Now that Dick Clark is gone, Jason Mewes might be America’s oldest living teenager.
The perpetual adolescent co-hosted “Jay and Silent Bob Get Old,” a taping of his intervention podcast with filmmaker and prolific podcaster Kevin Smith at Moontower Comedy Festival on Saturday.
The podcast, which began in 2010, is described by Smith as a way of keeping Mewes clean and sober after some harrowing years of drug abuse. But over time, the podcast, which is always recorded live in front of an audience, has also become an entertaining excuse to keep up with Smith’s career moves and for Mewes to tell incredibly raunchy stories.
After six years, you’d think Mewes would have run out of material, right? You’d be surprised!
Playing to a crowded and friendly house at Speakeasy, Mewes unloaded some lusty masturbation stories, including one so fresh it described an incident from the same morning’s flight from Detroit. He also talked about a recent sexual encounter with his wife Jordan that resulted in a knocked over nightstand and waking up their 1-year-old. Mewes, not content to just tell the story, also got up and gave some visual demonstrations and provided sound effects. He’s actually pretty good at this.
This shouldn’t work, especially if you stopped hanging around with horny teenagers after you yourself aged out of the demographic, but Mewes’s particular talent (his superpower, if you will) is somehow remaining boyishly likable no matter how ridiculously raunchy he gets. Some of that is due to Smith’s incredulity (and at times, awe) and the way the two friends make it clear they are far from ladies’ men.
Apart from the sex stories, Smith got to talk about his recent stint as a guest director on the show “The Flash,” which resulted in a guest star role for Mewes (who urged Smith to watch the show in the first place) and the news that he’ll return to direct another episode for the CW series in its next season.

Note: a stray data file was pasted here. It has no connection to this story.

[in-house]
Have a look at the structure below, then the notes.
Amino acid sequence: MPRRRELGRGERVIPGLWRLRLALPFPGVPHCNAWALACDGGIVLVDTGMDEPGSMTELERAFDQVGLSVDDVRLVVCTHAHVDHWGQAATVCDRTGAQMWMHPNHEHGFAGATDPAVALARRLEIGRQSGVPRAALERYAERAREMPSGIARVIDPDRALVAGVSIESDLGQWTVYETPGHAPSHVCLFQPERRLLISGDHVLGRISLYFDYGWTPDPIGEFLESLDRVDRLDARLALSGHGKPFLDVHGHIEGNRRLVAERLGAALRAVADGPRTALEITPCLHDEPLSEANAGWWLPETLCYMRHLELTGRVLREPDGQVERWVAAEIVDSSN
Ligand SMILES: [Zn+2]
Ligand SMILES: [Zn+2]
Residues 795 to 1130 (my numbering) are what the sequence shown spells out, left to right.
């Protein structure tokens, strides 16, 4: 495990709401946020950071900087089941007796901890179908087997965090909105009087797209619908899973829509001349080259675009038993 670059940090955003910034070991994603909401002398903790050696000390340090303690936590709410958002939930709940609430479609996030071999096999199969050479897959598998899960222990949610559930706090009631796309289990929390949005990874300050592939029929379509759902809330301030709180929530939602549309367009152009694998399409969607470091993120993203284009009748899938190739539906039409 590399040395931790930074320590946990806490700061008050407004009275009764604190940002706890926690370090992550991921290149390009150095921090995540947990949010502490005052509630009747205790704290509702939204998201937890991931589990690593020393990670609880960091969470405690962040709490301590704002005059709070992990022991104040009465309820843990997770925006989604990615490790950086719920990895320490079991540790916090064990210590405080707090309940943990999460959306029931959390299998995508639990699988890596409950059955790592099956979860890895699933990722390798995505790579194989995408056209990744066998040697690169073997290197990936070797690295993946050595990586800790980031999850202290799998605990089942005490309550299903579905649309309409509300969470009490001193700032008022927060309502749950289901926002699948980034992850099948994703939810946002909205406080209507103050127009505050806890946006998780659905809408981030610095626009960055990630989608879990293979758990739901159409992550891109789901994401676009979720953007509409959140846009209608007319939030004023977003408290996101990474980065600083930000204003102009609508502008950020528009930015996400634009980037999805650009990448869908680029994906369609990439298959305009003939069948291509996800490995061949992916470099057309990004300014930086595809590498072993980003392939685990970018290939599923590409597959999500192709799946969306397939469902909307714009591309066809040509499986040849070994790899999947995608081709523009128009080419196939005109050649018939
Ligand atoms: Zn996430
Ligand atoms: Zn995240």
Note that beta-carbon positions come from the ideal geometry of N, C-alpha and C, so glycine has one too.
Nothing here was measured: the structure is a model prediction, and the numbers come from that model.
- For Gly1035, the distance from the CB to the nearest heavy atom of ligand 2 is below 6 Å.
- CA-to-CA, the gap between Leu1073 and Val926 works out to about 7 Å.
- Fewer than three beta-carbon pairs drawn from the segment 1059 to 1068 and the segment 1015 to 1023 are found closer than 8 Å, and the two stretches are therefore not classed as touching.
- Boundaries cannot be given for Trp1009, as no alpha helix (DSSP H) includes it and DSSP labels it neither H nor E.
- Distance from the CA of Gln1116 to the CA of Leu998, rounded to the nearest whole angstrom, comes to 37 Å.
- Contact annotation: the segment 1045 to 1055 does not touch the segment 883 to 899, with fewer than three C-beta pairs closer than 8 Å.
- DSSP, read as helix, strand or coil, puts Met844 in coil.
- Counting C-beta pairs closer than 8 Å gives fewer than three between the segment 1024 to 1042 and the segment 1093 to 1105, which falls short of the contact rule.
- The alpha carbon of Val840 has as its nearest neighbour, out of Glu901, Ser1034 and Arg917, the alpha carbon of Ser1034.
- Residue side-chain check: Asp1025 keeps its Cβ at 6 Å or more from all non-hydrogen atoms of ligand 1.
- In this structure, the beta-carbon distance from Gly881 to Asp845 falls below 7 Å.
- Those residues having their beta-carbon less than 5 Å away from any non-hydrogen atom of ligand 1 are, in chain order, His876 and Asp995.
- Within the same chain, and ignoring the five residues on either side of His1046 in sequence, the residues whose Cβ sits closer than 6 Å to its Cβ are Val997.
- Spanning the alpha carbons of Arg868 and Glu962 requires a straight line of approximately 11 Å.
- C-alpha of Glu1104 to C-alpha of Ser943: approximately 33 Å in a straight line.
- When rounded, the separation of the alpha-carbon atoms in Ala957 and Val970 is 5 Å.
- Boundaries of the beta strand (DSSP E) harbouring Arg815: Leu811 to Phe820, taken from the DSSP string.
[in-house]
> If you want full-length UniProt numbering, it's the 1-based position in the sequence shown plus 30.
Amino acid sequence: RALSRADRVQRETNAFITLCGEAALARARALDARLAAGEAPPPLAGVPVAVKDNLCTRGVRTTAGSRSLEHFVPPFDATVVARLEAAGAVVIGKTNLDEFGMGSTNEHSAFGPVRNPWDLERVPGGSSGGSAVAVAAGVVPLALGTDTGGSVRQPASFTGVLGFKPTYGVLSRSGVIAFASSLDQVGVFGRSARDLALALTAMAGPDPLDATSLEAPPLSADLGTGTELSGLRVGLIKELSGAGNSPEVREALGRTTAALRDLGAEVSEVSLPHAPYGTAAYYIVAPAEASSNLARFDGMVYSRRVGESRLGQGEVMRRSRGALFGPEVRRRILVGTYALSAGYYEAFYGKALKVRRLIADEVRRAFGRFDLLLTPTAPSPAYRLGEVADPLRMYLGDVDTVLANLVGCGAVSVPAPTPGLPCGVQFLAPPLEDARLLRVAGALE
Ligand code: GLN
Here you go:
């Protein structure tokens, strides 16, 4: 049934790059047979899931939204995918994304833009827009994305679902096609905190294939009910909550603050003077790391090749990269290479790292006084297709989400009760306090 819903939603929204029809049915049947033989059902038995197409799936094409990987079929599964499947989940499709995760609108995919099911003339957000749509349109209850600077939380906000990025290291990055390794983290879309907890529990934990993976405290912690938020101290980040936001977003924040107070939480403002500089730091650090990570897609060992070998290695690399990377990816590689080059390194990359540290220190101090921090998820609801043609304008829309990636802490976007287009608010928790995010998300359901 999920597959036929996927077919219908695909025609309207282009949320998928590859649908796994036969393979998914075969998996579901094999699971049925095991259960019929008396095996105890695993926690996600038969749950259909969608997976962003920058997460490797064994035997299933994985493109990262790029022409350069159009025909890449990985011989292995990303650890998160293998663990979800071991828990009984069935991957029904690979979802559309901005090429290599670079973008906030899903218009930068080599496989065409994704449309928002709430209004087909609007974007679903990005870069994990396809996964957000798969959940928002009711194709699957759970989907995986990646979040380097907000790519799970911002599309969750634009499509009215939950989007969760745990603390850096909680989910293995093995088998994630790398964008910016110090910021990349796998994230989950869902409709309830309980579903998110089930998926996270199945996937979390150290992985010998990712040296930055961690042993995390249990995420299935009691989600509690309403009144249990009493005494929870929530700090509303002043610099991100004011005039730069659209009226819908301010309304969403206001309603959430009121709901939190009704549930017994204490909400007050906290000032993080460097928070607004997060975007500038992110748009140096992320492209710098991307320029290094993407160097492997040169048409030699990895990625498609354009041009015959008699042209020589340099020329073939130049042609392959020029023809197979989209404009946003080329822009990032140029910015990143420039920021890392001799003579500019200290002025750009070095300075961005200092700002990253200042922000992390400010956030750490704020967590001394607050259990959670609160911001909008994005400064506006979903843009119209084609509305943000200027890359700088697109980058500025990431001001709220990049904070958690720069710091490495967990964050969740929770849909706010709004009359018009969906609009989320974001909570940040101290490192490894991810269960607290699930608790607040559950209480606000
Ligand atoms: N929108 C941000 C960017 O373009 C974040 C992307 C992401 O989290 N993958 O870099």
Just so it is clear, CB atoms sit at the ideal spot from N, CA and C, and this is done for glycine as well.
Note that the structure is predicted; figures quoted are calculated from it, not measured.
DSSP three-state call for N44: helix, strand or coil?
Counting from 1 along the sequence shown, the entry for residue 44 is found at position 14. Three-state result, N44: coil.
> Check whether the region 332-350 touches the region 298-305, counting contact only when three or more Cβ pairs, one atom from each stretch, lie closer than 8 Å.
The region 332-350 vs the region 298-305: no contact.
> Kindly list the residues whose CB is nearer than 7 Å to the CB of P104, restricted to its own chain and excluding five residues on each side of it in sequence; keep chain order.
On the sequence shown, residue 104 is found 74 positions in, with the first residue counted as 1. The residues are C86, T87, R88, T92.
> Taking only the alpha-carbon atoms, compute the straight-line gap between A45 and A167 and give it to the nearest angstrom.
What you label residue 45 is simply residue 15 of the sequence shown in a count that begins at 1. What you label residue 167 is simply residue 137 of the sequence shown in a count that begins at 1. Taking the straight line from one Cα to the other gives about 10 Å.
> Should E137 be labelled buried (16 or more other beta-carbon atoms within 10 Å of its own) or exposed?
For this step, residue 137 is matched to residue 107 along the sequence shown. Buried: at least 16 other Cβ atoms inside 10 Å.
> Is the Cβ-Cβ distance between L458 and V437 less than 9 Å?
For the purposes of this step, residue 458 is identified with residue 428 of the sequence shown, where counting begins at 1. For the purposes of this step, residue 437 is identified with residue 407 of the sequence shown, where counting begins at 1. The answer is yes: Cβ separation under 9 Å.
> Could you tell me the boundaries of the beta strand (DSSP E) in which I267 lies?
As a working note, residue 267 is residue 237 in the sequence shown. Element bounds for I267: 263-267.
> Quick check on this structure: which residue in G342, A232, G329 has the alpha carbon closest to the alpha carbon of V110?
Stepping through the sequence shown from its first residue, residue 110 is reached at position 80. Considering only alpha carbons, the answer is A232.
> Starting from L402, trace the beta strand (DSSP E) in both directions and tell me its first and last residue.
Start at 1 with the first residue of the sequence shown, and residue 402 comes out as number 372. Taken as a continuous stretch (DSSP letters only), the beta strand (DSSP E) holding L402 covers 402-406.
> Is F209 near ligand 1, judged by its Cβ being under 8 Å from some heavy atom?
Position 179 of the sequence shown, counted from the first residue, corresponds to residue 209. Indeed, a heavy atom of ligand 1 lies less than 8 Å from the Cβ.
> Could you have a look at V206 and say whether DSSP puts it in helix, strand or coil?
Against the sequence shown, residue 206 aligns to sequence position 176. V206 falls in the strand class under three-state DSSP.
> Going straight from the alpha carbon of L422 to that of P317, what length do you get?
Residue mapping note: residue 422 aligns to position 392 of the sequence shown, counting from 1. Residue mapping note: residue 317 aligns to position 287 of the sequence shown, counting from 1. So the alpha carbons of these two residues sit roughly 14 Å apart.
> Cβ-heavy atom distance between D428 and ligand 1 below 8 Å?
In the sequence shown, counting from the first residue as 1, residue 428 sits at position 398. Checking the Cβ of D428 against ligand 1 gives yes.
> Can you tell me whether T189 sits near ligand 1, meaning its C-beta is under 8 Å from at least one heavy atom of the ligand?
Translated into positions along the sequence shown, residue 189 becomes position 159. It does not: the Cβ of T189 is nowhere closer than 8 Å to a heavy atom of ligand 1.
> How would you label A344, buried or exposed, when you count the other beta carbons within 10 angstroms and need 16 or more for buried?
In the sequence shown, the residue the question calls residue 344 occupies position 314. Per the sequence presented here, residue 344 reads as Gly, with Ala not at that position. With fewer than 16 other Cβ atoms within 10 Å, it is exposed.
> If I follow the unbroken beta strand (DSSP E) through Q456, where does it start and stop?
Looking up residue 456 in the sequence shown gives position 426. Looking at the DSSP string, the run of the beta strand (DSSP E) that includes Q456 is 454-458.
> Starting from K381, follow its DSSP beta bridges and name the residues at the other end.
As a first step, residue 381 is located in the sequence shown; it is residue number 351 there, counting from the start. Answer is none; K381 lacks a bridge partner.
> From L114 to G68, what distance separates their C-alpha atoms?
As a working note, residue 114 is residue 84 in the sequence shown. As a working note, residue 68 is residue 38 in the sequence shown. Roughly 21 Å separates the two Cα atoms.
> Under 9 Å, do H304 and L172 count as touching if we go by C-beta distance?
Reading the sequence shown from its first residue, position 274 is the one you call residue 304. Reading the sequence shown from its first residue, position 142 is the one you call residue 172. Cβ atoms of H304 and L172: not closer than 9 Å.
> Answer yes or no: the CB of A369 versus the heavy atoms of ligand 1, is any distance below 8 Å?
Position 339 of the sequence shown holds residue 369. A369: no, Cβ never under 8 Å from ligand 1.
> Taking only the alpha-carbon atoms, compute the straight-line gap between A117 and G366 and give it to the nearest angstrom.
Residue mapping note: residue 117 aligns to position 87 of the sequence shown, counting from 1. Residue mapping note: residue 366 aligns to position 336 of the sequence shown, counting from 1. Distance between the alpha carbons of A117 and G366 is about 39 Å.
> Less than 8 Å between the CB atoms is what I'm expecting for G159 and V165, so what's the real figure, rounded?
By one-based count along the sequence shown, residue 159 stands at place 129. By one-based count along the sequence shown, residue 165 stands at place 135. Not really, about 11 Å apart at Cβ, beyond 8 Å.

The recording will likely pop up on their podcast feed in a few weeks, and there were enough laughs that you should seek it out when it’s available.
With the death of Prince on Thursday, the show became so much more. What was already going to be a tribute to Prince’s music and persona became a necessary, cathartic tribute. At times it was funny; Maya Rudolph’s Prince-like sexy declarations and her on-point dance moves and shoulder hiccups made it impossible not to giggle. But it was also incredibly sad, especially as the night concluded, when a tearful Rudolph clearly didn’t want the performance to end. After throwing batches of flowers to the audience, she thanked the Austin audience and said the performance was therapeutic.
“It’s nice to be sad with you all and happy at the same time,” she said earlier in the show. “It never occurred to me that we might ever perform this music when he’s not alive.”
Was there ever a chance the show would be canceled? Not at all. “I couldn’t think of anything I’d like to do more than play this music now,” she said defiantly at the start of the show.
Kicking off with “Let’s Go Crazy,” the show dispelled any notion that it might just be an indulgent karaoke romp of Prince’s hits. Rudolph and Lieberum are clearly hardcore fans and they focused on Prince’s early work, eschewing his later work for songs from “Dirty Mind,” “Controversy” and “1999.” They even threw in an unreleased song, “Purple Music,” and played nothing from after “Purple Rain.”